"The novelistic conceit of “The Last Bookaneer” is based on the historical fact that until the passage of the International Copyright Act of 1891, the pirating of books, especially books by British authors, was common in America. Set at the time of the act’s passage, Pearl’s novel tells a one-last-heist story of two rival pirates, Penrose Davenport and a mysterious malefactor called Belial, who separately leave for Samoa, where Robert Louis Stevenson is finishing what promises to be his final novel. (Stevenson and his family did indeed spend his last years in Samoa.) Each bookaneer hopes to steal Stevenson’s manuscript and sell it to a New York publisher before the law goes into effect on July 1, which means they’re engaged in a race against time... In his asides, Pearl can be smart and inventive. He clearly knows the quirky history of books, especially those by the great 19th-century writers. The voice of his narrator, a bookseller by trade, is authentic and convincing, with just the right dash of stuffiness and complaint. In fact, the best thing about “The Last Bookaneer” may be the opportunity it provides for its author to comment on writers, bibliophiles and publishers, with sly allusions to today’s changing and threatened book culture. The closure of a bookshop, Fergins remarks, is a “failure of mankind — a sign . . . that bookshops will one day disappear altogether and be replaced by mail order.”"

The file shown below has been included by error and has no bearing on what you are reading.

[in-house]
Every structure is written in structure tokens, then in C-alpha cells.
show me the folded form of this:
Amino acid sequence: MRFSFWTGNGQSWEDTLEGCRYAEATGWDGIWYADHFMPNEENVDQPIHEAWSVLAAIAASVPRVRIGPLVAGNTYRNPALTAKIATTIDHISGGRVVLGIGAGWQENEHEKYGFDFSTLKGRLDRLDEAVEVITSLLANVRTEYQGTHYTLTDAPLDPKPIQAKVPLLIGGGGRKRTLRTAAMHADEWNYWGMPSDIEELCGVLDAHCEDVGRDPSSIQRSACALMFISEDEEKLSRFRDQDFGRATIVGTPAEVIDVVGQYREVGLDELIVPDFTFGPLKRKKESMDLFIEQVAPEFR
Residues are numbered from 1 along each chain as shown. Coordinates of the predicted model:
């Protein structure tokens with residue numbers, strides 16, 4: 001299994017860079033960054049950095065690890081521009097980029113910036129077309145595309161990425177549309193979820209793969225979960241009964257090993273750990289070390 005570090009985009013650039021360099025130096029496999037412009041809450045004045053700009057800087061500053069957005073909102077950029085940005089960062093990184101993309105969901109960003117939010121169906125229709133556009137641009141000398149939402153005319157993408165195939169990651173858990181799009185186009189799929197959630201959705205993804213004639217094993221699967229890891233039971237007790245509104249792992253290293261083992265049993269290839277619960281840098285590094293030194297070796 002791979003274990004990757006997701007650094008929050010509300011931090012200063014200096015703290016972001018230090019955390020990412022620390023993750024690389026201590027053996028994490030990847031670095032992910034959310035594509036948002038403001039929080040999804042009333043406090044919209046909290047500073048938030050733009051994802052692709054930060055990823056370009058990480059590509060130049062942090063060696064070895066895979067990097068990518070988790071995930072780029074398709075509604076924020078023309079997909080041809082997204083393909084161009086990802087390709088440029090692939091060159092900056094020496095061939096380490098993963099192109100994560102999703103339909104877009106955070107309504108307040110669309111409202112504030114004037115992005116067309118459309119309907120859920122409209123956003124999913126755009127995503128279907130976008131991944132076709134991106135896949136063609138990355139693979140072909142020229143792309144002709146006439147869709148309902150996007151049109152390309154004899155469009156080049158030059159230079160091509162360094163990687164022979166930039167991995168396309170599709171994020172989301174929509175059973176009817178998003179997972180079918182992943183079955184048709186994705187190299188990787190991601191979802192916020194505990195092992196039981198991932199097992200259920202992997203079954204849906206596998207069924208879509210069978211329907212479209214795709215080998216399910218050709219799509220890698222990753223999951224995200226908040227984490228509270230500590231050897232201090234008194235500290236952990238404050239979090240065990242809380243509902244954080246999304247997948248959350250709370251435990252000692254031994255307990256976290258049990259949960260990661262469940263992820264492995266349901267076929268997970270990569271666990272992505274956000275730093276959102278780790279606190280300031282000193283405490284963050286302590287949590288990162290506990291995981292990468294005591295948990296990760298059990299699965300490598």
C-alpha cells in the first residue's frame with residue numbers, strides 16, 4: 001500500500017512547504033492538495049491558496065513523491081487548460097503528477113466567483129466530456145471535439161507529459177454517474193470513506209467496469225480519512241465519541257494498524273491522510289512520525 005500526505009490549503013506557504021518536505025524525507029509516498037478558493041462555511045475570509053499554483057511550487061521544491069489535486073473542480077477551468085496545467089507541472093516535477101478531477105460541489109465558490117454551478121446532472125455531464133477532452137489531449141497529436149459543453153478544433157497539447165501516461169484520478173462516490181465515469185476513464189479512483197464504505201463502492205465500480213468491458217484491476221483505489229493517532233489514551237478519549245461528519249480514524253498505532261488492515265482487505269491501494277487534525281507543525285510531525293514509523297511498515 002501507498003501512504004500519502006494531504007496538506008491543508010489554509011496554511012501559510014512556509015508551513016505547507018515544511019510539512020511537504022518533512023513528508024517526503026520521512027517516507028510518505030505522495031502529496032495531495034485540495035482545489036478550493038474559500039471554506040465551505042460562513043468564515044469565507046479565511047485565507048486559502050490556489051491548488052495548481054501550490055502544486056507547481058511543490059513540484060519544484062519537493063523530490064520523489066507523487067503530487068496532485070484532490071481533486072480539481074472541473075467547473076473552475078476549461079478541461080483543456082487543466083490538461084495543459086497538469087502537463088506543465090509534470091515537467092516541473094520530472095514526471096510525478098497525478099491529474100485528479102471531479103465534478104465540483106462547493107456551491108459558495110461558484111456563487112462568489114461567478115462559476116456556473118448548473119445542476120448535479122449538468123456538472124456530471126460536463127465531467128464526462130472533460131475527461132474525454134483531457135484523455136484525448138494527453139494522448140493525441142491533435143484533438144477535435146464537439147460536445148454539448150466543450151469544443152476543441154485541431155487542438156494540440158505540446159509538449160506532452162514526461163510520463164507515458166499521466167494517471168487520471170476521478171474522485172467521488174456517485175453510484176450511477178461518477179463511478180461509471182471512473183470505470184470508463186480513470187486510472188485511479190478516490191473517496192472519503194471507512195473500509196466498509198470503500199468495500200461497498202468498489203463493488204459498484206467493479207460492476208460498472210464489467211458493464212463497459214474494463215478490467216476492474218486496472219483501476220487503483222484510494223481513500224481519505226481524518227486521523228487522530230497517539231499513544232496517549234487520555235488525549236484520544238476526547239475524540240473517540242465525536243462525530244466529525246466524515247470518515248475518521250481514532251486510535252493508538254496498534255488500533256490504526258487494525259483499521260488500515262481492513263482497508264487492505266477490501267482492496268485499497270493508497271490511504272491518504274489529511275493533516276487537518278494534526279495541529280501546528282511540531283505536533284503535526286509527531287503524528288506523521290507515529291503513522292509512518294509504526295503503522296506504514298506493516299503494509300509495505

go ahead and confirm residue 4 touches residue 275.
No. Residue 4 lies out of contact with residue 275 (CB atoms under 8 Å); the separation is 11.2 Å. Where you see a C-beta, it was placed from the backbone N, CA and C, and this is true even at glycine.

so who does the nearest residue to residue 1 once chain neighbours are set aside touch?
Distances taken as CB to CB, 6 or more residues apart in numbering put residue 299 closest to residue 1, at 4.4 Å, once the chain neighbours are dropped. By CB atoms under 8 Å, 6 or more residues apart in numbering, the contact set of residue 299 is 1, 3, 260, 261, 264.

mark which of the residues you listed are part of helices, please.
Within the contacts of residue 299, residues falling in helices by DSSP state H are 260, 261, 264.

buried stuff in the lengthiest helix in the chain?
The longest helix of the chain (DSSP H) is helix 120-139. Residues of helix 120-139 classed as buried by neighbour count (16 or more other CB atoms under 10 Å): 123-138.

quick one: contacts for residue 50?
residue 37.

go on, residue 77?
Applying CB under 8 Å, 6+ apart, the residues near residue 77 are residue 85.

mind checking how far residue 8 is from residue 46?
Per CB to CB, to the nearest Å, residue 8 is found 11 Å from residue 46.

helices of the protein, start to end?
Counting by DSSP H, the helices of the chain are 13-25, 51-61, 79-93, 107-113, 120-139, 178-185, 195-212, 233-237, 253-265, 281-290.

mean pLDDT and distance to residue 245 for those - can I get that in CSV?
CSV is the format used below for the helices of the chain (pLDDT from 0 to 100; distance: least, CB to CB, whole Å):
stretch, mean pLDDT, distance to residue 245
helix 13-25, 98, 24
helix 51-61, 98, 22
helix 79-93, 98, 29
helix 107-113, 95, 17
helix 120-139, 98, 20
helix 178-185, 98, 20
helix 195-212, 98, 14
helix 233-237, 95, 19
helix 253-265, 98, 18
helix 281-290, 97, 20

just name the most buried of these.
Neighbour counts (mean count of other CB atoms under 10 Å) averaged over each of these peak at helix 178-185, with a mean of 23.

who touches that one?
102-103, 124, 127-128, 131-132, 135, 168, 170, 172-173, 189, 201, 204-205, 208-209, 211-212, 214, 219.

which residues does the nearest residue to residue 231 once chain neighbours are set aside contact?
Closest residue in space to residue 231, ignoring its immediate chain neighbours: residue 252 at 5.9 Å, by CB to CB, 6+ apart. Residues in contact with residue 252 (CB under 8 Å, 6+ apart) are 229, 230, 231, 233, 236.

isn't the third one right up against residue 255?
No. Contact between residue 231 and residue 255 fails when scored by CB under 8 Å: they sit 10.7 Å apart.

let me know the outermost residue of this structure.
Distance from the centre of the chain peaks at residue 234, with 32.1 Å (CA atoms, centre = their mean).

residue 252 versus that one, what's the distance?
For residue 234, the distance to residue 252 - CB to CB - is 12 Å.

Tuesday, June 2, 2015
‘The Last Bookaneer,’ by Matthew Pearl; New York Times Sunday Book Review, 5/29/15
John Vernon, New York Times Sunday Book Review; ‘The Last Bookaneer,’ by Matthew Pearl: